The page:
Traffic alerts and traveler information can be obtained by dialing 511. Traffic alerts and traveler information also are available at www.511Virginia.org.
Shenandoah University recognizes outstanding achievements with Spring 2023 Dean’s List
Shenandoah University, a nationally recognized educational institution based in Winchester, Virginia, has recently announced the impressive accomplishments of 943 students who have earned a spot on the Spring 2023 Dean’s List. This distinction reflects the dedication, hard work, and academic excellence of students from various degree programs in Front Royal, Linden, and Lake Frederick. The university takes pride in recognizing these students for their outstanding achievements.
The Spring 2023 Dean’s List at Shenandoah University comprises an impressive group of students who have demonstrated exemplary academic performance. Among them are:
- Caleb Reedy – Front Royal, VA
- Valerie Cameron – Front Royal, VA
- Allison Smoot – Front Royal, VA
- Callista Mayberry – Front Royal, VA
- Aaliyah Chunn – Front Royal, VA
- Jasmine Sharp – Front Royal, VA
- Isabelle Grupac – Linden, VA
- Hannah Frost – Front Royal, VA
- David Kelly – Front Royal, VA
- Asia James – Lake Frederick, VA
- Brennan Komelasky – Front Royal, VA
- Laura Brown – Front Royal, VA
- Erika Gallagher – Front Royal, VA
- Audrey Bratcher – Linden, VA
- Crismeli Sandoval – Front Royal, VA
- Megan Vardiman – Linden, VA
- Mariah Barber – Linden, VA
- Margaret Plosch – Front Royal, VA
- Cody Crawford – Linden, VA
These students have displayed a remarkable commitment to their studies, earning them a place of distinction on the Dean’s List. Their academic achievements are a testament to their dedication and hard work throughout the semester.
To qualify for the Dean’s List, students enrolled in baccalaureate degree programs at Shenandoah University must complete a minimum of 12 semester hours and achieve a remarkable semester GPA of 3.50 or higher. This accomplishment is a reflection of the student’s academic excellence and sets them apart as exemplary scholars within the university community.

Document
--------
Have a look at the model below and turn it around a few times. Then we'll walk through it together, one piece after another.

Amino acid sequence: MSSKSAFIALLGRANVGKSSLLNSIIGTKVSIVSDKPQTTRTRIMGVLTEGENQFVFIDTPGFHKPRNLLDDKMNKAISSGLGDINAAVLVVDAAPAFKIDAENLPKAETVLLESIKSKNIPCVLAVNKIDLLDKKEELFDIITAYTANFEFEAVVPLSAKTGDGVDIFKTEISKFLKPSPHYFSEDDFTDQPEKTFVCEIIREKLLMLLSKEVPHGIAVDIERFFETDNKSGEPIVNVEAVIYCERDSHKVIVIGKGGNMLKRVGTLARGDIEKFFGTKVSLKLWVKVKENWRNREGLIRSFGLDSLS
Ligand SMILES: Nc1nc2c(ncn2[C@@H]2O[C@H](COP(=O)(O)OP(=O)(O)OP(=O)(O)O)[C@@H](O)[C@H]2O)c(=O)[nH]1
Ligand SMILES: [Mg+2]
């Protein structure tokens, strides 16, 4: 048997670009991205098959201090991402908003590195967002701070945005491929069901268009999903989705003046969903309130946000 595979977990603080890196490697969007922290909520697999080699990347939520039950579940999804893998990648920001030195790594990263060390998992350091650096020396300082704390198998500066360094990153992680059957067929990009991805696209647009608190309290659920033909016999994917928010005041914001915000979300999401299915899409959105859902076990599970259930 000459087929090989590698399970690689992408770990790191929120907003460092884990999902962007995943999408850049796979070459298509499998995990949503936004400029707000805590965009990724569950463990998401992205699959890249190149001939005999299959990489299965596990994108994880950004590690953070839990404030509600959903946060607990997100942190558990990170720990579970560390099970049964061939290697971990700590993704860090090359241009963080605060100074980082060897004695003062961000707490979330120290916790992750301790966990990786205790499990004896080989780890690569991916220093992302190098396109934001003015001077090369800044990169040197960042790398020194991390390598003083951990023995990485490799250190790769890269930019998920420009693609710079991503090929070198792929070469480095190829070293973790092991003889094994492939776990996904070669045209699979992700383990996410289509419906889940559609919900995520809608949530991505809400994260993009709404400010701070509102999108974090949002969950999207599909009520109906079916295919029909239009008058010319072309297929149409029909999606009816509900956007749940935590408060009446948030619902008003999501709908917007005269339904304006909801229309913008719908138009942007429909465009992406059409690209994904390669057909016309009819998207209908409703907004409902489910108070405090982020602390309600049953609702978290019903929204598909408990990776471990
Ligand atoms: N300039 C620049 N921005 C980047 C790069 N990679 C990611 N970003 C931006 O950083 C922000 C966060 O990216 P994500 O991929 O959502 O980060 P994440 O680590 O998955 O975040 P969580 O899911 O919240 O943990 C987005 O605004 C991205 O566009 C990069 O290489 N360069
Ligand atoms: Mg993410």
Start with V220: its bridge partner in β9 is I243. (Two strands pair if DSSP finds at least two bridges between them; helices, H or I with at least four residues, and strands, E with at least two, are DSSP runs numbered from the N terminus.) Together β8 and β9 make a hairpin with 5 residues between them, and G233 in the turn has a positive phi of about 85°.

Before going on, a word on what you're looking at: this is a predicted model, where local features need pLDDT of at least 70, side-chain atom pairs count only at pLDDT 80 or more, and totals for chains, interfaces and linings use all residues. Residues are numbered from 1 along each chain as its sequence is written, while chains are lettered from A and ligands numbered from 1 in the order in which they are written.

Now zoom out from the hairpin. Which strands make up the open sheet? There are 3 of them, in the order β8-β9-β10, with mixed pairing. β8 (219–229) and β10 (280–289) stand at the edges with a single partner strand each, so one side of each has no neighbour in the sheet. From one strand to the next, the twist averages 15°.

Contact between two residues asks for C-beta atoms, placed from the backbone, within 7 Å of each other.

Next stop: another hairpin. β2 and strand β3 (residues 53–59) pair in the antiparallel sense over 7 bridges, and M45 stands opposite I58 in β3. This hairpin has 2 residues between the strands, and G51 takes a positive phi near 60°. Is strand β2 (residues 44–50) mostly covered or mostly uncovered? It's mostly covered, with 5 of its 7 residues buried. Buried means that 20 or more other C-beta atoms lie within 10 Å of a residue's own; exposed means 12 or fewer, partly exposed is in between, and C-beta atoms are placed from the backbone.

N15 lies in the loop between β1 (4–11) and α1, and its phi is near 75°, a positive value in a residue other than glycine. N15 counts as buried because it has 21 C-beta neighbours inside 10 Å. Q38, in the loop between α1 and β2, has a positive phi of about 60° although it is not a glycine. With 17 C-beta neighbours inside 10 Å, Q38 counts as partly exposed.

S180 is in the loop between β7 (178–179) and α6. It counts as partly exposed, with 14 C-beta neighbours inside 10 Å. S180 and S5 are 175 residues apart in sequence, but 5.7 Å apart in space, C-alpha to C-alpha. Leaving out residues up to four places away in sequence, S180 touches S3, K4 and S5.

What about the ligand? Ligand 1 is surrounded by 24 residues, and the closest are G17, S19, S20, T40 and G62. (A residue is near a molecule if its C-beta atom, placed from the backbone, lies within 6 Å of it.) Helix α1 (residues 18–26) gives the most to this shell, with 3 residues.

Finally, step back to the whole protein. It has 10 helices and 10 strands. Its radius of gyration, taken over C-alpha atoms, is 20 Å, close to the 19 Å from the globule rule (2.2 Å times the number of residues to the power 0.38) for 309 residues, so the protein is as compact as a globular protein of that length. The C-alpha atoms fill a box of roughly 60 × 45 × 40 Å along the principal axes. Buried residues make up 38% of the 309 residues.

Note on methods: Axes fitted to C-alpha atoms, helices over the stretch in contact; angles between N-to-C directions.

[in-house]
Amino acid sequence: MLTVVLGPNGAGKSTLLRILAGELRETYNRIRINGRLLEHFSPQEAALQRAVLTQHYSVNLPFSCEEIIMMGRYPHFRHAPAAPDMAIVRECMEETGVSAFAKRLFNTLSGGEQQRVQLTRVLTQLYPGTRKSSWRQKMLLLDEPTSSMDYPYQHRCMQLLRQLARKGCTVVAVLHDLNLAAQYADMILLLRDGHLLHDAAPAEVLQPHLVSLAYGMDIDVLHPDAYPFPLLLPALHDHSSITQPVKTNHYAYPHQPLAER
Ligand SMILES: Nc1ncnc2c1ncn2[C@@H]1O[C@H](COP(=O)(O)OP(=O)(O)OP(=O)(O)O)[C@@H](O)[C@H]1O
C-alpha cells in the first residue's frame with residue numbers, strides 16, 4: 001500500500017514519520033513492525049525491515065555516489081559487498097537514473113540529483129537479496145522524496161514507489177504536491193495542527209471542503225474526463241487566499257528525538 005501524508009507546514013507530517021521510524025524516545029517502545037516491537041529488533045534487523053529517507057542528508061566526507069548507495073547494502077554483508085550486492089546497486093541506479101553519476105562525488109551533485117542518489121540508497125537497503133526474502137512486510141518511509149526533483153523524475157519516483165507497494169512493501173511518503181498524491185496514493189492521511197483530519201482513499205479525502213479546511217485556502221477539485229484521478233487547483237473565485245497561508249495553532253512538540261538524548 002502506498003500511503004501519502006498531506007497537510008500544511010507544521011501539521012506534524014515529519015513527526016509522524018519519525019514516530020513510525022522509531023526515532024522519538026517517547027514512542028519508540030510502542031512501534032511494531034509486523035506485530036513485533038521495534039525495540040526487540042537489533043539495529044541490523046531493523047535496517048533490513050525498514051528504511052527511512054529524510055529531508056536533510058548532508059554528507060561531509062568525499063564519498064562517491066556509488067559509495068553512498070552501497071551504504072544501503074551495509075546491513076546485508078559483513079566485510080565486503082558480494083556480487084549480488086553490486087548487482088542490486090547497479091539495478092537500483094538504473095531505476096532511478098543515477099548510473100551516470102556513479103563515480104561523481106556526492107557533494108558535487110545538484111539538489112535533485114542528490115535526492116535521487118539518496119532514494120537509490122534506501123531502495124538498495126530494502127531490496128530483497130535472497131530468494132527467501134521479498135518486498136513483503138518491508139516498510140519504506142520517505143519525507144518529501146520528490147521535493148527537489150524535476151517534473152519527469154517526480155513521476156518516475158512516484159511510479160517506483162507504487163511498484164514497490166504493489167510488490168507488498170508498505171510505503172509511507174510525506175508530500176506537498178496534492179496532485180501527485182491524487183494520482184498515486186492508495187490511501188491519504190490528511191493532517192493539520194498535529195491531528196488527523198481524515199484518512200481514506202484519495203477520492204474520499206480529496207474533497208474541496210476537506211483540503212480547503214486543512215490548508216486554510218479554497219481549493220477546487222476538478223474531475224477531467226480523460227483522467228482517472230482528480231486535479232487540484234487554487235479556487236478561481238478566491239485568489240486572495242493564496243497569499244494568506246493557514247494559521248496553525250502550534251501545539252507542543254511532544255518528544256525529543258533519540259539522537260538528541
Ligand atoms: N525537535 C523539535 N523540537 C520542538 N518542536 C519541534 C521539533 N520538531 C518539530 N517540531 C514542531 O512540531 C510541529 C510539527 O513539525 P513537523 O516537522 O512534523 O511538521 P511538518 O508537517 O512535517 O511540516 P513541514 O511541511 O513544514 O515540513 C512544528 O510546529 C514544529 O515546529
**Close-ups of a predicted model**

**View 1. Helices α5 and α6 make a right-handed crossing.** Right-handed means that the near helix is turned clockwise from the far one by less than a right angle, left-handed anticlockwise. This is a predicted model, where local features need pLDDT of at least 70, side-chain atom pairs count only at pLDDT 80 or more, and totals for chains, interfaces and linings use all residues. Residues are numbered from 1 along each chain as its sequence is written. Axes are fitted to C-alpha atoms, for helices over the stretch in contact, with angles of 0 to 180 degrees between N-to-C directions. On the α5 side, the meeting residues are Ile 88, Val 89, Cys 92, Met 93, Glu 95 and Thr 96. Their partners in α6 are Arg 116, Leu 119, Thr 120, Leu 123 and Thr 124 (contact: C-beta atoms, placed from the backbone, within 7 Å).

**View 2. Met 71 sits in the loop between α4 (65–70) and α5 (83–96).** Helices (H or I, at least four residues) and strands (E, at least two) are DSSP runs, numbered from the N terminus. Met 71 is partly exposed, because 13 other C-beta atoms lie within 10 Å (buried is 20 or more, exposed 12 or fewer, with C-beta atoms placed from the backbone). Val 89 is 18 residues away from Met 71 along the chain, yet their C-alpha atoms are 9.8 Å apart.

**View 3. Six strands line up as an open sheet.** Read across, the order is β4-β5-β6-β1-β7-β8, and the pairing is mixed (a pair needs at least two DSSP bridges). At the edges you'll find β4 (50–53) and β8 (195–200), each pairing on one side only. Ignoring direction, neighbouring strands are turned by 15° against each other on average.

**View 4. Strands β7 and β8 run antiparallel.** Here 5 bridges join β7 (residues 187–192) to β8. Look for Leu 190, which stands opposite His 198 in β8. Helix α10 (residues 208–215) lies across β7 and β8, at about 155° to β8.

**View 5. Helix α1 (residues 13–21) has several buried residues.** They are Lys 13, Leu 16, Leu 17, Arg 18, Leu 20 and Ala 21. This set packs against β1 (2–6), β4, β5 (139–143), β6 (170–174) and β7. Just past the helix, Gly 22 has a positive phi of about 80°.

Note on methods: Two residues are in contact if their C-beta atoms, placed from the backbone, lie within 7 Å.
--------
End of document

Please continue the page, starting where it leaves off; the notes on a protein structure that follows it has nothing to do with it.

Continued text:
Established in 1875, Shenandoah University has become a leading educational institution known for its blend of professional career experiences and comprehensive education. With over 4,000 students enrolled in more than 200 areas of study across six different schools, Shenandoah University fosters a close-knit community that thrives on creative energy and intellectual challenges. The university’s dedicated faculty members provide personalized attention and mentorship, contributing to numerous nationally ranked programs and exceptional learning opportunities for students.
Shenandoah University takes pride in its innovative partnerships and programs at both local and global levels, allowing students to gain valuable real-world experience and expand their horizons beyond the classroom. By empowering students like Caleb Reedy, Valerie Cameron, Allison Smoot, Callista Mayberry, Aaliyah Chunn, Jasmine Sharp, Isabelle Grupac, Hannah Frost, David Kelly, Asia James, Brennan Komelasky, Laura Brown, Erika Gallagher, Audrey Bratcher, Crismeli Sandoval, Megan Vardiman, Mariah Barber, Margaret Plosch, and Cody Crawford, the university prepares them to excel in their chosen fields and make meaningful contributions to society.
Shenandoah University celebrates the remarkable achievements of the 943 students who have earned a place on the Spring 2023 Dean’s List. The university recognizes their dedication, hard work, and academic excellence. Congratulations to all the students for their outstanding accomplishments and for setting a high standard of academic achievement at Shenandoah University.
A Pledge to Excellence: Warren County Sheriff’s Office earns prestigious state accreditation